This continues a summary of some notes I took from Robert Reich’s book “Saving Capitalism. For the Many, Not the Few” (2015), specifically chapter 13 “The Declining Bargaining Power of the Middle”.
Changes in the way the market is organized has occurred in a number of key areas over time: property, wages, and unions. I will look at the final area of unions.
If you compare the situation 50 years ago in the U.S. with today we see a stark contrast. GM was then the largest employer in the country. A typical worker’s wage was $35 an hour (equivalent today). The largest employer today is Walmart. The typical worker’s wage is $11.22 (2014).
One of the main differences is the presence (in the case of GM) and absence (in the case of Walmart) of unions.
Collective bargaining power is important when it comes to wages. The autoworkers were able to get a good share of company profits. This was the era of the union with one-third of workers belonging to one. The non-unionized workers got carried along with the tide also.
Looking at Walmart (and this is truly sickening), there are no unions. In fact, today less than seven percent of the private sector is unionized which means unionized places get dragged down. Some measures also exist at Walmart to stop union votes and prevent people organizing, many of which are illegal under the National Labor Relations Act. But this won’t help workers because the National Labor Relations Board had its funds cut severely so it is very behind on its caseload. Also, the penalties under the Act are quite timid towards employers.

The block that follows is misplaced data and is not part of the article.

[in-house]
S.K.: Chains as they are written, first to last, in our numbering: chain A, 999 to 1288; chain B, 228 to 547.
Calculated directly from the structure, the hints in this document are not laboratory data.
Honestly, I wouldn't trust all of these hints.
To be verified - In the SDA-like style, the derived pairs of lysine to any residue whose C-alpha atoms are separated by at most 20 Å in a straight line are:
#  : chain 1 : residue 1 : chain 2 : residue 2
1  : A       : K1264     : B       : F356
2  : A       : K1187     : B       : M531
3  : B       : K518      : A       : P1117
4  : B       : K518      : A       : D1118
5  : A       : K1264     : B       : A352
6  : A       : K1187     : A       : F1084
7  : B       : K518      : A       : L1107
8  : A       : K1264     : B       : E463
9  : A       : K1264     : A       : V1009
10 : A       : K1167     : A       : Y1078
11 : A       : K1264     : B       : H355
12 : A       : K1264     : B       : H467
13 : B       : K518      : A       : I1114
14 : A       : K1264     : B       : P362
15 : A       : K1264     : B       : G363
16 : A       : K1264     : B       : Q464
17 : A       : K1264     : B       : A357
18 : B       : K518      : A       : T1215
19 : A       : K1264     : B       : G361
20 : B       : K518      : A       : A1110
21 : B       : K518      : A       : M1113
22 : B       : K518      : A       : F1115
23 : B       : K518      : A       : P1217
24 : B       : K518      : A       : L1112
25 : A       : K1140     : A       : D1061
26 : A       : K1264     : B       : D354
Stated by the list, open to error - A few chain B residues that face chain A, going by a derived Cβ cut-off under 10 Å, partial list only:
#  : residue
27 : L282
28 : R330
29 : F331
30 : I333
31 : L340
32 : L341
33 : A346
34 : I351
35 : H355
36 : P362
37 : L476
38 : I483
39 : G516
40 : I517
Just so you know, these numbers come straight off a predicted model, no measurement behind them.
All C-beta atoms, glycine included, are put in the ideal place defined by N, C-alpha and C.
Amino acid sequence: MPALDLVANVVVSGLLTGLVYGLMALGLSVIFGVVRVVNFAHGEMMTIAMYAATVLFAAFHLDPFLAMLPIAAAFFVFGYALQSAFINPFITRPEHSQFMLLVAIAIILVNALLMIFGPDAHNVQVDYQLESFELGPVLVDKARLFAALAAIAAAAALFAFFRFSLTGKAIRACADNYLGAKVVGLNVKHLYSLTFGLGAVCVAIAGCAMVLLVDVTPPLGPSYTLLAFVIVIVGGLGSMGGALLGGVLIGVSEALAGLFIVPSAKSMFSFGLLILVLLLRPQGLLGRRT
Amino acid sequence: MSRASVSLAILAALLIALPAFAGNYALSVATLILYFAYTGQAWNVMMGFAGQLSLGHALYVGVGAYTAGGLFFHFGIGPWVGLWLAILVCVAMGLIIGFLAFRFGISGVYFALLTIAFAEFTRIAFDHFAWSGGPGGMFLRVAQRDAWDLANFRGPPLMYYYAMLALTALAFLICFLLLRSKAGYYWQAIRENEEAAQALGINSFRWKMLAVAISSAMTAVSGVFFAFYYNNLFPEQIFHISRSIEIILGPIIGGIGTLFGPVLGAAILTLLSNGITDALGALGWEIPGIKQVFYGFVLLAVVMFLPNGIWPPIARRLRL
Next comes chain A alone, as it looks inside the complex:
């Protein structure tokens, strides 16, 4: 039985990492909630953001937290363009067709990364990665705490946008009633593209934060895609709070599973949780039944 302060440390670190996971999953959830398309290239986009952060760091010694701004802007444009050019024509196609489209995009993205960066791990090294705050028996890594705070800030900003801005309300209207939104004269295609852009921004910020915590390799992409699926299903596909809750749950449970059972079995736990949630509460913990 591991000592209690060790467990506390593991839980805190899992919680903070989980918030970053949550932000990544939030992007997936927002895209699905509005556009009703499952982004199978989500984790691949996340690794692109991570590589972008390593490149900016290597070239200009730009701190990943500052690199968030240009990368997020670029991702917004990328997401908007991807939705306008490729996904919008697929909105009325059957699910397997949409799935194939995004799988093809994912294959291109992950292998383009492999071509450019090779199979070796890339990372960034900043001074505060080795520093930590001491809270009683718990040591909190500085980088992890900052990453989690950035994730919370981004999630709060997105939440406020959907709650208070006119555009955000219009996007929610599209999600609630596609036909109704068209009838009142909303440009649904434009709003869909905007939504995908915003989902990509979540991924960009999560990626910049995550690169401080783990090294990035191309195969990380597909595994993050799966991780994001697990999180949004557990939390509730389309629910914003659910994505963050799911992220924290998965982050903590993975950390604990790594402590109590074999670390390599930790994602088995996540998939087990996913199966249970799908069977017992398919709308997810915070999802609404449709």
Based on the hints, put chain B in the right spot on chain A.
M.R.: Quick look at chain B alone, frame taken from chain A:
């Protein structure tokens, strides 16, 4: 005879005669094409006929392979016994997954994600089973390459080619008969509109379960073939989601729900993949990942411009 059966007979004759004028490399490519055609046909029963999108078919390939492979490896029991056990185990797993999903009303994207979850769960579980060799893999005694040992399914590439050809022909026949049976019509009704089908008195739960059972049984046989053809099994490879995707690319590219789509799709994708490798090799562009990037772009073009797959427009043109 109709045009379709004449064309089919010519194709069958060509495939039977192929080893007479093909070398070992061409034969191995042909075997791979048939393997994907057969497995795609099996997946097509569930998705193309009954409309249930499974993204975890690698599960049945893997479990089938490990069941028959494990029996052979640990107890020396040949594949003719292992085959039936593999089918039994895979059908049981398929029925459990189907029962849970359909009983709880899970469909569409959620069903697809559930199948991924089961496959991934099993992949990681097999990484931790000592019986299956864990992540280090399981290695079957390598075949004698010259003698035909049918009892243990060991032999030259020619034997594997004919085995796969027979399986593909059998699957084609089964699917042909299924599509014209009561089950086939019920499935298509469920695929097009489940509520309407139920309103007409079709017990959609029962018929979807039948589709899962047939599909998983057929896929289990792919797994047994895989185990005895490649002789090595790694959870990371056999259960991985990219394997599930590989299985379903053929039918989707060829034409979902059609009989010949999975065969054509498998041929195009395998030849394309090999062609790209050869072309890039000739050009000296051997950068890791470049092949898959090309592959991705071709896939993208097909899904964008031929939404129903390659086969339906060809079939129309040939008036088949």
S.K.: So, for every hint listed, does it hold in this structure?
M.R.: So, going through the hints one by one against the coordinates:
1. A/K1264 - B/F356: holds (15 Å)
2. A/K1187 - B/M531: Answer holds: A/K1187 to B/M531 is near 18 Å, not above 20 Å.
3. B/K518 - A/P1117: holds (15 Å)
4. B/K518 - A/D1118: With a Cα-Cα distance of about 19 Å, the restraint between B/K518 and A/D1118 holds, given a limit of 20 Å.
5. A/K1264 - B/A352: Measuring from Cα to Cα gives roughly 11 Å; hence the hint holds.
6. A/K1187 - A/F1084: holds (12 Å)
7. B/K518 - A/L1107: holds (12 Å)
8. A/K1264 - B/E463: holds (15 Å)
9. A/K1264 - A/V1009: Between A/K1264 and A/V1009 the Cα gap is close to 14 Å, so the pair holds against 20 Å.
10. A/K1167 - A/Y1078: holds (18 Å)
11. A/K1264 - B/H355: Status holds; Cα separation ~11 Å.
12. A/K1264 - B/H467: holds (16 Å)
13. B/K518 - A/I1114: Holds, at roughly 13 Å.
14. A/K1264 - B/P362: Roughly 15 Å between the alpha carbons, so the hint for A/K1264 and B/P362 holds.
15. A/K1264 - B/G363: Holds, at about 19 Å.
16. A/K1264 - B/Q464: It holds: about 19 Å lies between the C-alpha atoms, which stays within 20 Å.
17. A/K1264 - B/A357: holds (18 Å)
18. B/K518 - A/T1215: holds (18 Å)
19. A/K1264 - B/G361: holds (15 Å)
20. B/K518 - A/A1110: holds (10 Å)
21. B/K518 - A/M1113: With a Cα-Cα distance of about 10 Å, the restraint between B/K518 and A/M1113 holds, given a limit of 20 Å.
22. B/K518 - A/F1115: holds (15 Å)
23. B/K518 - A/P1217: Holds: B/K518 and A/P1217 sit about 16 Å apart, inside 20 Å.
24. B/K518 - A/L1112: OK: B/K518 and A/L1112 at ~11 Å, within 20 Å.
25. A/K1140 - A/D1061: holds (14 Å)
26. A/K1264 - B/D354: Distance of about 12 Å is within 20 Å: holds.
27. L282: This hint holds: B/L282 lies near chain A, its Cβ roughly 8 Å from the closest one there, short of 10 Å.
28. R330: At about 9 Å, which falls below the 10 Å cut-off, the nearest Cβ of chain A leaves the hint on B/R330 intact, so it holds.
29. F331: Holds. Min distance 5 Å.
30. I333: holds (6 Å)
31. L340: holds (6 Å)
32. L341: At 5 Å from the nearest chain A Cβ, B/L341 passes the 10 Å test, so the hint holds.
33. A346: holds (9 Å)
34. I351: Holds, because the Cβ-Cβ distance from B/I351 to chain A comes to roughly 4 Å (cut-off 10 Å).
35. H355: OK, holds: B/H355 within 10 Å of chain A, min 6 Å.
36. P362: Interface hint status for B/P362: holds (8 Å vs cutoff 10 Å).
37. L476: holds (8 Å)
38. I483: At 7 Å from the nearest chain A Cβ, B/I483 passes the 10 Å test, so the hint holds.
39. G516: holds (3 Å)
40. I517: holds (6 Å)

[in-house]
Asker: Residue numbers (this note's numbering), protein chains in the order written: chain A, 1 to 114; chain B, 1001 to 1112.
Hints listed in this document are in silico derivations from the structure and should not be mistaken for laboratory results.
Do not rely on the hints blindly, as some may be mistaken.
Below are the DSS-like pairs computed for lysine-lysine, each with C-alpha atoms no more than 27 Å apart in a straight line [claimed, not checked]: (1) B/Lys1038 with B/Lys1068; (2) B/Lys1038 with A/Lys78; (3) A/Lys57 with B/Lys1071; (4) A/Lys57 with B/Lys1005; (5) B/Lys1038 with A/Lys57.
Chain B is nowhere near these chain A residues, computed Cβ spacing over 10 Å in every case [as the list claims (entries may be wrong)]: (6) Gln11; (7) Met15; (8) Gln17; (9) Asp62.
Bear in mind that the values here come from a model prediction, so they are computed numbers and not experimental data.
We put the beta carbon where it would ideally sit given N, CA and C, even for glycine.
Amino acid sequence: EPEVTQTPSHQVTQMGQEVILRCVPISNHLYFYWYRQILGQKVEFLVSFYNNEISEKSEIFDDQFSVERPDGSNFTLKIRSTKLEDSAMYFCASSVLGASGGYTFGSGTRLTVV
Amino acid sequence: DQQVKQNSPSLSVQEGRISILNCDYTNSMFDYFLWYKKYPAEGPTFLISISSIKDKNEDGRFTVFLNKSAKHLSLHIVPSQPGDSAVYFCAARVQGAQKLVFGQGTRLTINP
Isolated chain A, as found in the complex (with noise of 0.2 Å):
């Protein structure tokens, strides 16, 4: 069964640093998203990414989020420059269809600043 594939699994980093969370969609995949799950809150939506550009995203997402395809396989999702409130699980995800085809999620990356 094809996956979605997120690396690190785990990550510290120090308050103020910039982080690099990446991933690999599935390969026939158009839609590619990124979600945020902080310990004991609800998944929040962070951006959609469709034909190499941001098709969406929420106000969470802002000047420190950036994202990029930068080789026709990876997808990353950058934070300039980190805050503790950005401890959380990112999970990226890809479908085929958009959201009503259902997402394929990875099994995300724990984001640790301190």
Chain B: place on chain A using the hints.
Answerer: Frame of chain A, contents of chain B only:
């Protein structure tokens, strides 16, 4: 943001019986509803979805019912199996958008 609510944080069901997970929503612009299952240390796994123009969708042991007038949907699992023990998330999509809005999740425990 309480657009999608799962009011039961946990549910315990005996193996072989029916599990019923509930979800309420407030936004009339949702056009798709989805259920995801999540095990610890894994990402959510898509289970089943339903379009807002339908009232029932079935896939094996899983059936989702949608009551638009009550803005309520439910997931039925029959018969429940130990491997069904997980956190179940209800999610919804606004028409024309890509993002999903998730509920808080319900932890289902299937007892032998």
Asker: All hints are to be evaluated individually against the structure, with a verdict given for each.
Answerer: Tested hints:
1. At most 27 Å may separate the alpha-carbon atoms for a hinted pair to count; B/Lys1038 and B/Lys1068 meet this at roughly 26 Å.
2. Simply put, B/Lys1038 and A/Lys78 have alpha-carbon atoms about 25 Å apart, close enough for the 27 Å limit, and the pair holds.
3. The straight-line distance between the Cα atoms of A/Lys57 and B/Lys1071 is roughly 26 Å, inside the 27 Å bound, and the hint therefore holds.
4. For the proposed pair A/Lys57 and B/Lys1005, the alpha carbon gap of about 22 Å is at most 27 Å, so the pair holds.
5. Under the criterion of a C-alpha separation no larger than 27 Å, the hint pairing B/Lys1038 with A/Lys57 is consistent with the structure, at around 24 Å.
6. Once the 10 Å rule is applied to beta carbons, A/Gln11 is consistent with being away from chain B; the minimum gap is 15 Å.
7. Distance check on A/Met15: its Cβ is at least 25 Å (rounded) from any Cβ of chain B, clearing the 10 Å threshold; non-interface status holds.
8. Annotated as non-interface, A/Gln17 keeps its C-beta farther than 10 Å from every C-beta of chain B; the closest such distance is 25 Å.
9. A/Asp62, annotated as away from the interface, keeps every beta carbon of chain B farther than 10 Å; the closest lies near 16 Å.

Reich looks at Germany which is a country that has good unions and a market similar to the U.S. The average wage there has increased about 30 percent in the last 20 years. America has had close to a zero increase.
What is going on here? Reich looks at unions in terms of the political/legal decisions made over the last 100 years and how they have impacted the allocation of power.
1. Sherman Anti-Trust Act targeted unions. When the railways went on strike, the courts said it was an “illegal restraint of trade” and the unions were a threat to the country economically.
2. Progressive Era and Clayton Antitrust Act exempted unions from antitrust laws. Labor was not to be seen as a commodity, though the Supreme Court tried to ban unions in 1921 under the Act.
3. Norris-LaGuardia Act 1932 resulted in unions being legalized.
4. National Labor Relations Act 1935 meant the right to organize into unions and employers had to bargain with them.
5. Treaty of Detroit 1950, Big Business and Big Labor agreed to share productivity in exchange for labor peace. Membership, wages, and benefits increased.
6. 1950’s half of workers in private sectors in unions. Median wage increased with growth in productivity.
7. late 70’s unions in decline. Membership, workers bargaining power, union economic/political power decreased.
Overlaid on the above political/legal decisions were the issues of globalization, trade agreements and jobs lost overseas; technology taking jobs; corporations shedding jobs to increase profits for shareholders; wage reductions in exchange for keeping jobs; companies moving to “right-to-work” states where union membership not mandatory, and more political/economic decisions that served to disempower unions.